Huygens, Constantijn kônstäntīn´ hoi´gəns [key], 1596–1687, Dutch humanist and poet, b. The Hague; father of Christiaan Huygens. He was broadly educated in languages, law, and social protocol to follow a public career. From 1625 he was secretary to the stadtholder, or the chief executive of the province of The Hague. Huygens wrote verse in seven languages as well as in Dutch. His poems, descriptive and satirical, were highly esteemed; both the English and the French monarchs knighted him in recognition of his genius. His verse is graceful, highly ornamented, and sometimes moralistic. In his collection Daghwerck (1627–38) he wrote of his love for his wife. One of his last works, Cluyswerck (1683) is semiautobiographical. Huygens was also an accomplished musician and composer of many works for strings. The thousands of his letters that survive attest to his wide acquaintance among contemporary scholars, including Descartes, Donne, Corneille, and Jean Louis Guez de Balzac.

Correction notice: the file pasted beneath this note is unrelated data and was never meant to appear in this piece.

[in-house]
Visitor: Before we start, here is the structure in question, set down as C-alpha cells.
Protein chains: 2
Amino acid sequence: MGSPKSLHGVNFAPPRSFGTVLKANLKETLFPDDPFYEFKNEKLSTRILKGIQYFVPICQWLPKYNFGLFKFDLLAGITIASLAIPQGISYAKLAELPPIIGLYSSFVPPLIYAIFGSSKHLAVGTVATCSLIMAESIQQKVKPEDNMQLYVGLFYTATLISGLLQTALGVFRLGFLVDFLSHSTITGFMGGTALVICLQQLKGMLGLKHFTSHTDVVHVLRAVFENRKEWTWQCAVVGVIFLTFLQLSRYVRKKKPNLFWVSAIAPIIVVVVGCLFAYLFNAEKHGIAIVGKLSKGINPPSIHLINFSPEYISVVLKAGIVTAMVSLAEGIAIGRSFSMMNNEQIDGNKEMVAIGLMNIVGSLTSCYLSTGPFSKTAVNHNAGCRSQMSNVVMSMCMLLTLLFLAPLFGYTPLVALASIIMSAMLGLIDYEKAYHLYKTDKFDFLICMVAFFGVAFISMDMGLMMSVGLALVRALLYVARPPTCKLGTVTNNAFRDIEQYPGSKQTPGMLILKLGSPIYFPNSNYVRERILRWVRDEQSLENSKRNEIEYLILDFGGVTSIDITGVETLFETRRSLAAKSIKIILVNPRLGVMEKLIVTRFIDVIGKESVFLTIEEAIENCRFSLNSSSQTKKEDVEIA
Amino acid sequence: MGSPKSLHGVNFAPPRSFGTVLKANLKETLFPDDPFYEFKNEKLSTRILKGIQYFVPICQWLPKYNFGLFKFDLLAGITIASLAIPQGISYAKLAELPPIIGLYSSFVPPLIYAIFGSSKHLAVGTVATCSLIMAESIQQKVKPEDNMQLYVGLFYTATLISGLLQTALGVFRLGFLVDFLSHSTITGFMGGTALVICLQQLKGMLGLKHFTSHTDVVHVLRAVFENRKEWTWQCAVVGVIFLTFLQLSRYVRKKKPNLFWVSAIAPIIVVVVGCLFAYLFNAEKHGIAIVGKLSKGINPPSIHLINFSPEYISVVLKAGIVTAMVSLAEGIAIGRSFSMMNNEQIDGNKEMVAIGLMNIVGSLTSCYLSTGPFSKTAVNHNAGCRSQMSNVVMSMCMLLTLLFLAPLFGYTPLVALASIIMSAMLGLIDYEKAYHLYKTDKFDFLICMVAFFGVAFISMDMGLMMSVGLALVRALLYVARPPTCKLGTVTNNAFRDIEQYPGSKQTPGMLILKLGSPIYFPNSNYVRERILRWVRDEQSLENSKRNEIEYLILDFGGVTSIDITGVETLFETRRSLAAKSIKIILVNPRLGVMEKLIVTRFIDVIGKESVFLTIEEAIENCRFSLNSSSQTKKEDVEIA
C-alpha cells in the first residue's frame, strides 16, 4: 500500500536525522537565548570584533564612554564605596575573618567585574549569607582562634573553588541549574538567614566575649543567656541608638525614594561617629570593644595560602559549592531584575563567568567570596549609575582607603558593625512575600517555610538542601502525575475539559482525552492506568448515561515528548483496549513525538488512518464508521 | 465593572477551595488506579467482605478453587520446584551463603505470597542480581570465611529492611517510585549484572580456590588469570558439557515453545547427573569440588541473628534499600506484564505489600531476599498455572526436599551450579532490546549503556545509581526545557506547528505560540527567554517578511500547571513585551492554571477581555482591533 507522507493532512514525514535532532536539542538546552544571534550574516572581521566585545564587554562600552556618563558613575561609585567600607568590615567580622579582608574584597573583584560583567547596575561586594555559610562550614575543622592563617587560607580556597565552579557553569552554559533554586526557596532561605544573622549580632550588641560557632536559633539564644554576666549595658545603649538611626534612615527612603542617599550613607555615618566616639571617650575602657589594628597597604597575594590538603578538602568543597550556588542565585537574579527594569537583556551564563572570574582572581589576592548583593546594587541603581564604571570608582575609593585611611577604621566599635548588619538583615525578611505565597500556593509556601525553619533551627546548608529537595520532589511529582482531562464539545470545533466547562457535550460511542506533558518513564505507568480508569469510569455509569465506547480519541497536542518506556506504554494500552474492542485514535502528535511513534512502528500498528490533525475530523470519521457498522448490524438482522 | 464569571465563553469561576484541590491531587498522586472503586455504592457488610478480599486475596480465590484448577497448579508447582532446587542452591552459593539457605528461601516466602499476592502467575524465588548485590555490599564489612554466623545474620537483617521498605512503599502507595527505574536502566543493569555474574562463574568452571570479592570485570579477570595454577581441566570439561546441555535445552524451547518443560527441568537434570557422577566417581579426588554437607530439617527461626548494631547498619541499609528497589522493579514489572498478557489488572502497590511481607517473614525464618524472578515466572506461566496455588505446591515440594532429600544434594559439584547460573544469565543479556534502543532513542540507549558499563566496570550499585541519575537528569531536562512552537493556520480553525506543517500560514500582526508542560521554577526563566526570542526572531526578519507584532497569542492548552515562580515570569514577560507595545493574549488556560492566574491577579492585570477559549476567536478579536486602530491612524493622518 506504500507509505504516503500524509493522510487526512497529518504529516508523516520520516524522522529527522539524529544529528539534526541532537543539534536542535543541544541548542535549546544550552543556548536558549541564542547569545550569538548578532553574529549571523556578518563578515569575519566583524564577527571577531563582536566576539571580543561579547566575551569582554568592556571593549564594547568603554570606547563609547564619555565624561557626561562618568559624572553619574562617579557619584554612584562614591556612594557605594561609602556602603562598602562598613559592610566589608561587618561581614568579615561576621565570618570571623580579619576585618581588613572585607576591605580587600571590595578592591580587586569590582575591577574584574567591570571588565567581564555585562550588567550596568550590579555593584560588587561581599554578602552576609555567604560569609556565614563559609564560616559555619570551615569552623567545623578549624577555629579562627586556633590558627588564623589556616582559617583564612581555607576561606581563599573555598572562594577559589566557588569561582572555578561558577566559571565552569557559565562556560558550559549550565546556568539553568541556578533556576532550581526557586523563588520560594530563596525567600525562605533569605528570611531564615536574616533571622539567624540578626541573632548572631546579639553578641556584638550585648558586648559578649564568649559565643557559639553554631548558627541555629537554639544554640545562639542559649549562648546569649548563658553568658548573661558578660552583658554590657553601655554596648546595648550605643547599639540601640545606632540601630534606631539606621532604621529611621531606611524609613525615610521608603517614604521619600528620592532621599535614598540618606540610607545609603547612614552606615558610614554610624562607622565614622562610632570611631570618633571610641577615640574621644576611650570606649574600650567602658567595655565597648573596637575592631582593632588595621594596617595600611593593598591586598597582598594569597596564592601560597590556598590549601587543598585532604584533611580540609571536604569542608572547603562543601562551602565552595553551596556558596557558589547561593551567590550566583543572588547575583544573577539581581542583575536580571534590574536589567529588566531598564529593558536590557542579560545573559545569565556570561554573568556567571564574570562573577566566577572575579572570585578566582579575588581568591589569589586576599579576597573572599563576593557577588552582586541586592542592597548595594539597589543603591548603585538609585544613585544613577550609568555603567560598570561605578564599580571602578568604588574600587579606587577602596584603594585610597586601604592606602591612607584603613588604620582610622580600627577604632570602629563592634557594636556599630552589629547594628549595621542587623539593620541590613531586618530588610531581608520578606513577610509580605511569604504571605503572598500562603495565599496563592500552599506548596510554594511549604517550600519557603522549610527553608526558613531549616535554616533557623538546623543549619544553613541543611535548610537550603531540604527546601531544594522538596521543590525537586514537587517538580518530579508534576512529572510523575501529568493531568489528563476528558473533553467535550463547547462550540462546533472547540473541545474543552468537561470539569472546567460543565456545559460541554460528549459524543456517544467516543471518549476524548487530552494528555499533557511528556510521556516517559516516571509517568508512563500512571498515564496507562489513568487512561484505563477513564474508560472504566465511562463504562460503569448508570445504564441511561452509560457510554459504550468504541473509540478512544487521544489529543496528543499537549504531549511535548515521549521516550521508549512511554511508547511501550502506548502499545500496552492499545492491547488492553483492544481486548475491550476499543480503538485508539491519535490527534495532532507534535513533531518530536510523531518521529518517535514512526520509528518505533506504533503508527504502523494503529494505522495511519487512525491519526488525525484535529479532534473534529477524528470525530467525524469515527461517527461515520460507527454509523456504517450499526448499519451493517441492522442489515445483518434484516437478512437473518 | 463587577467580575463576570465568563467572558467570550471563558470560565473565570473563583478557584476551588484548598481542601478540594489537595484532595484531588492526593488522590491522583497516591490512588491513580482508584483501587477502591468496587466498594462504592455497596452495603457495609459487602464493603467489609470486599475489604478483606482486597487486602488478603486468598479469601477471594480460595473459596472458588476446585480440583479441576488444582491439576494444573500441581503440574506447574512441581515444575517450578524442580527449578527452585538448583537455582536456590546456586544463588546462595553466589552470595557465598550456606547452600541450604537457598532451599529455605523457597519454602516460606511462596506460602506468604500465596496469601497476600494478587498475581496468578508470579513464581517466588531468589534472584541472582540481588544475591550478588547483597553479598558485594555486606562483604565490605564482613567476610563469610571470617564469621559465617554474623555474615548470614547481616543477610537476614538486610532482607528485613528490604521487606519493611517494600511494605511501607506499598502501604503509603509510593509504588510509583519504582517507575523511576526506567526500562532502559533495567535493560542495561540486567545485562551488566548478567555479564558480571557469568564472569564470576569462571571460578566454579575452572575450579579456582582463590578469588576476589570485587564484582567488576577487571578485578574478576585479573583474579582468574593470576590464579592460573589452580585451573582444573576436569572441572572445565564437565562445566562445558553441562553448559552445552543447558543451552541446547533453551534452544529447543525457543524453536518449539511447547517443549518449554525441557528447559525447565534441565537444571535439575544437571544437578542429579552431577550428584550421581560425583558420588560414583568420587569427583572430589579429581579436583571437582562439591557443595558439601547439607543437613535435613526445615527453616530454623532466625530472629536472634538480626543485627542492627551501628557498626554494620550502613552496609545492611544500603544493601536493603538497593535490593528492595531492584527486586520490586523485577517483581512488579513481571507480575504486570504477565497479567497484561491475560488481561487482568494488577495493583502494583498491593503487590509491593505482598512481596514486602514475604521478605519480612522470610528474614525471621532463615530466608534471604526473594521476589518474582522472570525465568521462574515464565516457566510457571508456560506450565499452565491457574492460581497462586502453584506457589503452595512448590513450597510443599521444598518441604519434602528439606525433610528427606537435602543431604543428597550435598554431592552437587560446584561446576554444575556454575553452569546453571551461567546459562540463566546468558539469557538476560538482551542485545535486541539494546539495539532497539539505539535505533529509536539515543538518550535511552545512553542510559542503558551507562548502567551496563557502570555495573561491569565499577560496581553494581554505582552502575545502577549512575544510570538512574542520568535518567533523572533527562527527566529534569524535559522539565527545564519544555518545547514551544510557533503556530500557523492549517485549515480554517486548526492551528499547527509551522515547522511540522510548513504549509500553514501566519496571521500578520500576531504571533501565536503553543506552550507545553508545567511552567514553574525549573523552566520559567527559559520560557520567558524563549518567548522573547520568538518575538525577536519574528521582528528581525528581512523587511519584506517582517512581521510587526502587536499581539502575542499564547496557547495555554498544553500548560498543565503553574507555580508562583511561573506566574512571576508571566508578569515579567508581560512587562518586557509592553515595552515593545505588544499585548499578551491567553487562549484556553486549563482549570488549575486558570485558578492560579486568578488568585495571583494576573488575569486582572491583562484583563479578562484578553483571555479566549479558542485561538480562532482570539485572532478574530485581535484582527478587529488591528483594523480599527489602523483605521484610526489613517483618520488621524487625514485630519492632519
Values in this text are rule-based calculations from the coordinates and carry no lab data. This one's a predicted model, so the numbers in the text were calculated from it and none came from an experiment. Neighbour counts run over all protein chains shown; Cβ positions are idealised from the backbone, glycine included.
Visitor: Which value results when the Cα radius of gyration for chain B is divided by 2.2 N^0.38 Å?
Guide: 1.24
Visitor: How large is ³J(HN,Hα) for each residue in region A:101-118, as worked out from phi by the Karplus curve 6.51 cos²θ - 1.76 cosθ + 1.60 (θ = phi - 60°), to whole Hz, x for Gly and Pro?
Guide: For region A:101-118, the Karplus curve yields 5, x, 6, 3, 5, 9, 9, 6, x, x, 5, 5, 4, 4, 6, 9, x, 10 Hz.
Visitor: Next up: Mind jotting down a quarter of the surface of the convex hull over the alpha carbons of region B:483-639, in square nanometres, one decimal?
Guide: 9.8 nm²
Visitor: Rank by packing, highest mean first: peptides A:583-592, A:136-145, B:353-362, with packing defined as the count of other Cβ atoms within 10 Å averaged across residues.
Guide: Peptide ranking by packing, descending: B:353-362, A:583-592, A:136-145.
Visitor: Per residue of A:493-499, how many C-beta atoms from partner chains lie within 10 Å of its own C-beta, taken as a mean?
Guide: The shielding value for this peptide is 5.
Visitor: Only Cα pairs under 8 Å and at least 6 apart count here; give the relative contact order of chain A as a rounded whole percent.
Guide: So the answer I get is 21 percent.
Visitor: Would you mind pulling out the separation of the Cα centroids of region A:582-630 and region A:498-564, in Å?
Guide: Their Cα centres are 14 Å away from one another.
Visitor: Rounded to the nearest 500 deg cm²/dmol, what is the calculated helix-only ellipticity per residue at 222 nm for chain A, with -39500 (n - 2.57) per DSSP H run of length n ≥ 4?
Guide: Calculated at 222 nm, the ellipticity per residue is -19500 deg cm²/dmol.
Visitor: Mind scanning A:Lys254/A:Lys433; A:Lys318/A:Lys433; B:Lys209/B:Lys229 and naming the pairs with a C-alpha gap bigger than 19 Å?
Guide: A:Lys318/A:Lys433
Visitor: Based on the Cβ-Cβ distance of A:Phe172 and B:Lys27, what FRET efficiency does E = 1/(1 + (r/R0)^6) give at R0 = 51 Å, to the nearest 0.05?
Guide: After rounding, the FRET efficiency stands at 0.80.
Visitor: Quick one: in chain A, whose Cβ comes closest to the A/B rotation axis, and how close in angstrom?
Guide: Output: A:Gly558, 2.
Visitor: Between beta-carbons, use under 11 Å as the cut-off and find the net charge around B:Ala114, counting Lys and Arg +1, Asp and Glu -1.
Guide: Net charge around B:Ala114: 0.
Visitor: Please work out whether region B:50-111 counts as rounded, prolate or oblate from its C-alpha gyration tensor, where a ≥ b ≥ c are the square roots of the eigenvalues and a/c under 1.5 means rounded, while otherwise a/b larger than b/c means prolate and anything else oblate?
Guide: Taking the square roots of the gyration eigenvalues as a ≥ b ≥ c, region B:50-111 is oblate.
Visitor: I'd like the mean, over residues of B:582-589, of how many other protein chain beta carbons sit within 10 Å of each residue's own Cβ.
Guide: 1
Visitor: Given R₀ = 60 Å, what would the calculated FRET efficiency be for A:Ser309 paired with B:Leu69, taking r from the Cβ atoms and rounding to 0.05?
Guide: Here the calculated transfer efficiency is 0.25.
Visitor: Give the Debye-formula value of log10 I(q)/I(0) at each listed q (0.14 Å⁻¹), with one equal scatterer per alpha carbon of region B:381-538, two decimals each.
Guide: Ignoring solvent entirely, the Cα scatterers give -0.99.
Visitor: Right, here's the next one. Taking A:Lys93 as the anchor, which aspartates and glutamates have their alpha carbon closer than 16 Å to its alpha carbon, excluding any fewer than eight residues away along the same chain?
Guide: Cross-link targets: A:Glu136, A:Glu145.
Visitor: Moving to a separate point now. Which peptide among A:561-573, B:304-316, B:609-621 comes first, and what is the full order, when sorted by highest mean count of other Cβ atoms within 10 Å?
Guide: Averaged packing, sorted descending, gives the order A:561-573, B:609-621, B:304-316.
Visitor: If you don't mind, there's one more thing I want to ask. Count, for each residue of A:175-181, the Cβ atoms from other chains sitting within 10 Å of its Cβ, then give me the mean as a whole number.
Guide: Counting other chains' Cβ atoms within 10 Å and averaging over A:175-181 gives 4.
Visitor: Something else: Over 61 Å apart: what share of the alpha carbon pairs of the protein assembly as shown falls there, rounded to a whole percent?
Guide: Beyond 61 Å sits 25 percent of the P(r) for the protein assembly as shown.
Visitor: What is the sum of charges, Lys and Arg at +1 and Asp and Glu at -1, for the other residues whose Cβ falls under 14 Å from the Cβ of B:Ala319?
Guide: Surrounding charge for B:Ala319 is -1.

The Columbia Electronic Encyclopedia, 6th ed. Copyright © 2022, Columbia University Press. All rights reserved.
See more Encyclopedia articles on: Miscellaneous European Literature: Biographies